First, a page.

• Fudge is the Linux of roleplaying. d20 is more like Java.
    • Re:Branch out (Score:3, Informative)

      by sammy baby ( 14909 )
  • My Take (Score:5, Insightful)

    by Hoplite3 ( 671379 ) on Monday January 16, 2006 @02:59PM (#14484580)
    I've read the book, and I really like the idea of classes not dependent on magic items. There are two principle troubles I have with Iron Heroes:

    (1) Armor provides variable damage reduction. That means that every successful attack involves another die roll. This requires discipline, or it will really slow the game down. Every extra: "make an x roll" instruction from the DM is a slow mechanic. The power of the d20 system is its speed and ease, and I think this idea runs counter to that.

    (2) Many of the new feats and classes are strongly reliant on a battle grid. That means Iron Heroes is a tactical game in addition to a roll-playing game. That's not necessarily bad (in fact, it's fun), but it might not be everyone's cup of tea.

    Overall, I'd say there's lots of good stuff, though. Didn't Cook write the rule system for Fallout? That had the best rule system of any computer RPG I've ever played. His expertise shows in the rules for this game.
    • Re:My Take (Score:3, Interesting)

      by Zephiria ( 941257 )
      Uhm... DnD has allways really been a tactical game, depending on how you approach it. I remember playing ADnD and the DM putting out a massive (1mx500mm) grid on the table and drawing on it with washable marker and things, we used lil plastic soldiers for markers and so on. Now i'm not saying DND is allways about tactical combat but it certainly is a core theme of it, given its origins. All that aside i havnt seen this rule book myself, but it does sound interesting, the idea of a better/different armour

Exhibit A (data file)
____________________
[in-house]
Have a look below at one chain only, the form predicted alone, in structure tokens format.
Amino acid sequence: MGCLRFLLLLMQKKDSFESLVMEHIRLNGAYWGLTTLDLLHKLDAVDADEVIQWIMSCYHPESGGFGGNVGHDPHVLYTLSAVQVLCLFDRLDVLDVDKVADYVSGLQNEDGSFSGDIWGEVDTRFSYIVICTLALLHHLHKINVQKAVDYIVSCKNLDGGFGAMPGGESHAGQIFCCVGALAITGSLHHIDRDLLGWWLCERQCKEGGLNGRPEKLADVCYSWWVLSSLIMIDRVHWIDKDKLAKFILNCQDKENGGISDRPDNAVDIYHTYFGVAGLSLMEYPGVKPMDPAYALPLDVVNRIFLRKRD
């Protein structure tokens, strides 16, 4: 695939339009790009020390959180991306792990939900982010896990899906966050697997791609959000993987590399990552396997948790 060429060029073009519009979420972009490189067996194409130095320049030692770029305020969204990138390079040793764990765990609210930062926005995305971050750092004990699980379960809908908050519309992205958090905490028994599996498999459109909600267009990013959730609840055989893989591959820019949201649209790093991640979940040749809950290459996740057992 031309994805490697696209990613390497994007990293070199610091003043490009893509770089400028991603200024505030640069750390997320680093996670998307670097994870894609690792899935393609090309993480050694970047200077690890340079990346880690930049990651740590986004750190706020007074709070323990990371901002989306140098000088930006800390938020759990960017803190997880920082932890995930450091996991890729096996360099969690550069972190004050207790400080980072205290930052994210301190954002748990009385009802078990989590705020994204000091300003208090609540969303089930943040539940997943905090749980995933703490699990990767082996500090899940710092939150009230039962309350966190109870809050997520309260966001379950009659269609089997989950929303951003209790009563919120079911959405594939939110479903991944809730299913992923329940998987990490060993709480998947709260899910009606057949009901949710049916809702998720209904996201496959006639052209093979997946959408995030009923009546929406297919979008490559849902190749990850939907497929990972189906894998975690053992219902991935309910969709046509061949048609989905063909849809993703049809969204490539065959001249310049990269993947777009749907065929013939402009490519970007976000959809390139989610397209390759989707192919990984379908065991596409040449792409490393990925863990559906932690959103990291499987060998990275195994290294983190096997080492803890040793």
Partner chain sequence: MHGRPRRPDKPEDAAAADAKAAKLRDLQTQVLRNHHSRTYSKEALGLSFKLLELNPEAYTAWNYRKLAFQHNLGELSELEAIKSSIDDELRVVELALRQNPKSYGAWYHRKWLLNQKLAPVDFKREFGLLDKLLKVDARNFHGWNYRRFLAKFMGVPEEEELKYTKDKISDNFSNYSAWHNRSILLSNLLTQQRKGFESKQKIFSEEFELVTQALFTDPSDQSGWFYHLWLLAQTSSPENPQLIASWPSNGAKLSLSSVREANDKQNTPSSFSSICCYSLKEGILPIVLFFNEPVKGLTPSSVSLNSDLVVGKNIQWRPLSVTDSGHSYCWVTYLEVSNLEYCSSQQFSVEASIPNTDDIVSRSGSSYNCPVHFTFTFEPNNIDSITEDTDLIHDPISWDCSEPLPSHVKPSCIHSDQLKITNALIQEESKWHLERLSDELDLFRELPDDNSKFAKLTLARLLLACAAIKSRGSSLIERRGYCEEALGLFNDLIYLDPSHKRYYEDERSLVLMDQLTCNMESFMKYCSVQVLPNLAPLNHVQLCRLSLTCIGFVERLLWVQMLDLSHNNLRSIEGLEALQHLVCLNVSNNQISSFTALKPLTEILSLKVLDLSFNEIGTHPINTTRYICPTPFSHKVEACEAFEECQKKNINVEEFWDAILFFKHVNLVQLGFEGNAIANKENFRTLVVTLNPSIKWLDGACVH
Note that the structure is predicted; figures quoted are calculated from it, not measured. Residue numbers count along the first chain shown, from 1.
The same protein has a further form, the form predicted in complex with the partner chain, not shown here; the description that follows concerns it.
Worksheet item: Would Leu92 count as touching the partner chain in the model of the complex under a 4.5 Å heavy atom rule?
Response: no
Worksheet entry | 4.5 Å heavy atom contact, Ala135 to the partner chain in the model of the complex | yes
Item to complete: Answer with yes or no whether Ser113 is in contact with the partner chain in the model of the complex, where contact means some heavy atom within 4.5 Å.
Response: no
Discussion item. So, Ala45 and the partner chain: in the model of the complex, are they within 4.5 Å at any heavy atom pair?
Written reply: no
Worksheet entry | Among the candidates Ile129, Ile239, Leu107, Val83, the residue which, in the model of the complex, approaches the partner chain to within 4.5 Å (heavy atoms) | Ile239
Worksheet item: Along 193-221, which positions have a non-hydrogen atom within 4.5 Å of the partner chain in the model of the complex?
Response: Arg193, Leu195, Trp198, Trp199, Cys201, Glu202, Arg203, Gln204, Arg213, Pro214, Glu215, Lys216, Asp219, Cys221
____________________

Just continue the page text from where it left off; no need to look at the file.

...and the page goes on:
• Just do what I did: Create a Javascript script and run it on your handlheld... instead of roll, roll, roll... just tap, tap, tap, results. I love it and it sure makes stuff easy - espcially when you don't have to that difficult math... like addition. :-P
  • Ars Magica (Score:4, Interesting)

    by sckeener ( 137243 ) on Monday January 16, 2006 @03:07PM (#14484660)
    People keep reinventing the wheel. It is neat that this is a D20 system, but low magic systems are plentiful.

    My favorite low-magic system is slightly biased towards mages, namely Ars Magica. It is on its 5th version (2nd was my favorite.)

    It has a magic system where you can create spells on the fly, healing is difficult, and god is real (and so is the Devil)
  • Hah! d20 is for inferior minds!

    Advanced Dungeons & Dragons 2.ed, now THAT is role playing!

    Long live Forgotten Realms and Elminster!

    • Now you are talking! AD&D 2nd edition was by far my favorite - and had a fantastic series of hard-cover books with great. Art. My friend was a Dungeon Master made it really tough - characters ran away from many battles. My campaigns, I gave out lots of magic items, characters sailed up levels, they took out 2-3 dragons at once - massive power-gaming battles with more magic flying around than we could keep up with at times. They played in my campaign for 4 years.

      Long live gratuitous power gaming!
  • Sounds rather like Warhammer FRP
  • Old-school (Score:4, Interesting)

    by brainstyle ( 752879 ) on Monday January 16, 2006 @03:15PM (#14484717)
    I recently played D&D for the first time in a bazillion years, and it was something of a disappointment. I just wanted to do that first adventure, D&D basic, go down into the dungeon, and find some evil druids in the last room. Instead, we wandered around a town in the Forgotten Realms for a while, worried about boring minutiae ("What colour do you want the stitching in your robes to be?"), and in general had a boring old time.